Khwaja Mir Islam Saeed

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Afghanistan has 2 tuberculosis surveillance systems, the National Tuberculosis Control Programme (NTP) and the Health Management Information System (HMIS). An evaluation of these surveillance systems in January/ February 2010 was done to identify their strengths and weaknesses and to formulate recommendations. Attributes of the programmes were evaluated(More)
BACKGROUND Annually 30,000 Afghans attend the Hajj in Saudi Arabia that is one of the largest mass gathering events in the world. We aimed to determine the prevalence of three syndromes of interest diarrhea, acute respiratory infections (ARI) and jaundice-among Hajjis gathering at the four transit sites in Afghanistan before, during, and after their voyage.(More)
BACKGROUND The prevalence of hypertension is rising worldwide with an estimated one billion people now affected globally and is of near epidemic proportions in many parts of South Asia. Recent turmoil has until recently precluded estimates in Afghanistan so we sought, therefore, to establish both prevalence predictors in our population. METHODS We(More)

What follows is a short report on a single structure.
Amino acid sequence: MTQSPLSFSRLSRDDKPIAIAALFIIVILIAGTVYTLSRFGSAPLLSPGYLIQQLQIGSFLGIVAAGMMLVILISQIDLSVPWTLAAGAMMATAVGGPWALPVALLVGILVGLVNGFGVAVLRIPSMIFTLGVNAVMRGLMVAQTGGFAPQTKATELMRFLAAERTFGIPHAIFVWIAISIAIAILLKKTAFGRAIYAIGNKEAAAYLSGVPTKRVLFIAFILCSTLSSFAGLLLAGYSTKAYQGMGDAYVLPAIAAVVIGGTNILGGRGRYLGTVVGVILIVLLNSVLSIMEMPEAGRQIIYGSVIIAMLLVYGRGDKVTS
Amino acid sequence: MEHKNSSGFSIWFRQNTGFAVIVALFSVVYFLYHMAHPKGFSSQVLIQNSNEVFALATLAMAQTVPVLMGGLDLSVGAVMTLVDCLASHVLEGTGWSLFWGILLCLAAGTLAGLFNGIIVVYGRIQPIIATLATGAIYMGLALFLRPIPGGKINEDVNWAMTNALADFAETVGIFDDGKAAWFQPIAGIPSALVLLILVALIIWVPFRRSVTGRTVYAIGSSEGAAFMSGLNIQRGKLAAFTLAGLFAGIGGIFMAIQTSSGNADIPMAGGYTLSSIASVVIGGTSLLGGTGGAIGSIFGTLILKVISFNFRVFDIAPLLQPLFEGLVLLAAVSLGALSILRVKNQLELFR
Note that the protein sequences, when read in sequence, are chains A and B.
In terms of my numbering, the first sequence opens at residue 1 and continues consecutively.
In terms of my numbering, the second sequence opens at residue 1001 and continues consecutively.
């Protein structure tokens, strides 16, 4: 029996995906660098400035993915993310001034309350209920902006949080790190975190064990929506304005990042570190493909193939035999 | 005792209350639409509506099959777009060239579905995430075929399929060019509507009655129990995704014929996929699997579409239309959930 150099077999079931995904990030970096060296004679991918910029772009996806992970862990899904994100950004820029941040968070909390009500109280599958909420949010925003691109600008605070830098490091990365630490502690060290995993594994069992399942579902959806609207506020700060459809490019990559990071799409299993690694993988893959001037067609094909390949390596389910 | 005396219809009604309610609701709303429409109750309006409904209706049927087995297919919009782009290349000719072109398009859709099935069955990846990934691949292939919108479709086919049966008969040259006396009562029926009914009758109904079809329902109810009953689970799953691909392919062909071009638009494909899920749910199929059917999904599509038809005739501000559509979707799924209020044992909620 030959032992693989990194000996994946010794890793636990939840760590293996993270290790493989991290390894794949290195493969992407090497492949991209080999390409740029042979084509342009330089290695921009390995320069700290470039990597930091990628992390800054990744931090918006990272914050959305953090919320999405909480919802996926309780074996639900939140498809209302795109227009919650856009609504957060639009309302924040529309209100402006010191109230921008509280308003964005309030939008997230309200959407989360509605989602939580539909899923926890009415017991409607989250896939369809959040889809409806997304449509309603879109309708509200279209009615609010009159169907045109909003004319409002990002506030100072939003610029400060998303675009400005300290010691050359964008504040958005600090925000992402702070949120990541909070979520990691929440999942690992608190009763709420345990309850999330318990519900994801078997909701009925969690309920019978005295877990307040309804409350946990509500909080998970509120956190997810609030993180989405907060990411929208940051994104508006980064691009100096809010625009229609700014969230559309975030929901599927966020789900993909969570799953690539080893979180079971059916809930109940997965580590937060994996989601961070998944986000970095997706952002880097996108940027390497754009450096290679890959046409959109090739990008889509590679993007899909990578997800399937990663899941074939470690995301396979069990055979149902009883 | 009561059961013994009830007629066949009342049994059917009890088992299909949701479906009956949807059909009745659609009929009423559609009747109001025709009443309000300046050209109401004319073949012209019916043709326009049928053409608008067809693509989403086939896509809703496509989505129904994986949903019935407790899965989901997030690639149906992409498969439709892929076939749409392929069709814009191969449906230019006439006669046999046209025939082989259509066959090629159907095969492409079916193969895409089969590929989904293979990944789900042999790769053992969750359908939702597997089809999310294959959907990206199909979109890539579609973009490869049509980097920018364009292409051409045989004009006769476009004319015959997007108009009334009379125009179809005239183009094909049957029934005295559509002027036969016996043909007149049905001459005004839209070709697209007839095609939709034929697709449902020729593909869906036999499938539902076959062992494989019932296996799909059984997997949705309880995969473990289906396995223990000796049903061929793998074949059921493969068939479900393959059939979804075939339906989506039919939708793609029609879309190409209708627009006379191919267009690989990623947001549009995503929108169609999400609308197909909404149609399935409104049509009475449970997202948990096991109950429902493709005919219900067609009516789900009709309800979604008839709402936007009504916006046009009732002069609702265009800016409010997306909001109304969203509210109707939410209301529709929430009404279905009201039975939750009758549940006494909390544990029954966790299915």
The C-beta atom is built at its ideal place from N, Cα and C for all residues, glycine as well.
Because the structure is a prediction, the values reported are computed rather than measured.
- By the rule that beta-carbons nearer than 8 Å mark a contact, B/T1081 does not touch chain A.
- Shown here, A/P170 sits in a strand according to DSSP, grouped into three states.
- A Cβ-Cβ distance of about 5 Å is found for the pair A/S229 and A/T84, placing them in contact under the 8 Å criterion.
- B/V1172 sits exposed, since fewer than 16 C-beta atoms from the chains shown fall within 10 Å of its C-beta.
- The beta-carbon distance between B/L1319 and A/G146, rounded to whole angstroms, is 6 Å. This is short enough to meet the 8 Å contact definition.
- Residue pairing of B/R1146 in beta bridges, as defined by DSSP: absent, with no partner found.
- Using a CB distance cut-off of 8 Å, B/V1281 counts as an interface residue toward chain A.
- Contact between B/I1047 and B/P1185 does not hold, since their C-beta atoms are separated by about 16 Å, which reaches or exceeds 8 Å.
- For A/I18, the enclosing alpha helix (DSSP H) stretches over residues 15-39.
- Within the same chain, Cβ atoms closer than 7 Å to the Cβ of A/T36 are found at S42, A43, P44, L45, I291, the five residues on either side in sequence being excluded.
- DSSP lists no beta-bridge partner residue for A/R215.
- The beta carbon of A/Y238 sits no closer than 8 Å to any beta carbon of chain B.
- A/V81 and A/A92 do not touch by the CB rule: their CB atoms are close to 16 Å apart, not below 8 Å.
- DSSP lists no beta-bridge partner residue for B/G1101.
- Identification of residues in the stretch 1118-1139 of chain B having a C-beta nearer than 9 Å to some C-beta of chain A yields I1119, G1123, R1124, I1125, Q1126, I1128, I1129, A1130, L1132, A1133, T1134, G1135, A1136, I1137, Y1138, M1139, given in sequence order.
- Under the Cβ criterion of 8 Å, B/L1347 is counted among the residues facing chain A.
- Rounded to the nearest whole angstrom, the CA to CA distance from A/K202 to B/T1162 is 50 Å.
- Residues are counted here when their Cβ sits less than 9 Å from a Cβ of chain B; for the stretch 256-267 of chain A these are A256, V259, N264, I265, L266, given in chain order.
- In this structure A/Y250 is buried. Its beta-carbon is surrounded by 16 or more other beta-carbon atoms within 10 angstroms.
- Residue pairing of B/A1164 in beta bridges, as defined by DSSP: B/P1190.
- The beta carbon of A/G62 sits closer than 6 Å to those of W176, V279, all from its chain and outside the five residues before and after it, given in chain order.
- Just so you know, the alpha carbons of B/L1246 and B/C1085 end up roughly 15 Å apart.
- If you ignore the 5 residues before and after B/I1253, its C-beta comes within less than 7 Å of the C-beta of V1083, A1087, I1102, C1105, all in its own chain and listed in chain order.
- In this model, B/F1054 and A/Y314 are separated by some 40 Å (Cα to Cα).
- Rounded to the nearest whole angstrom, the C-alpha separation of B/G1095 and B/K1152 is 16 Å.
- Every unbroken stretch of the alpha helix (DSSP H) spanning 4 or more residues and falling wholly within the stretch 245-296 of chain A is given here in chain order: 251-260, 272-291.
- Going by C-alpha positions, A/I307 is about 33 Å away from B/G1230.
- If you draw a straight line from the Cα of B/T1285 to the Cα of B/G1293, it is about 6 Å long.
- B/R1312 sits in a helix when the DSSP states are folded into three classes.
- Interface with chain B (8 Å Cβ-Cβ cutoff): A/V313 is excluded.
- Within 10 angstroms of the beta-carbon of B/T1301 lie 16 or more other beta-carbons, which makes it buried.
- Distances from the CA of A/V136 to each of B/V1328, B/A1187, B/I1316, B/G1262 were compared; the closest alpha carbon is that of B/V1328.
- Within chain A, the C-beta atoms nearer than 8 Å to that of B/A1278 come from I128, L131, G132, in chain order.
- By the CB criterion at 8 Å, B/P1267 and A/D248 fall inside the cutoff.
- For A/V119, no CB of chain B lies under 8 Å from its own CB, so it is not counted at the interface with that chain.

Influenza surveillance is needed to monitor potential public health threats from the emergence of novel influenza viruses. This study assessed the capacity and performance of the national influenza surveillance system in Afghanistan from 2007 to 2014. Data were collected by review of hospital registers and the National Influenza Centre (NIC) database,(More)
Background. This study had the objective to assess the prevalence and associated factors of hypertension in an urban setting, Kabul city, Afghanistan. Materials and Methods. The World Health Organization's STEP-wise approach was adopted and used in Kabul in November 2015. The study analyzed a sample of 1172 adults in the age group of 25-70 years.(More)
Noncommunicable diseases (NCDs) are a growing public health challenge. This study aimed to estimate the prevalence of common risk factors for NCDs among the adult population an urban setting in the eastern province of Nangarhar, Afghanistan. In a randomized, cluster sample survey of households the WHO STEPwise method was modified and used to collect(More)
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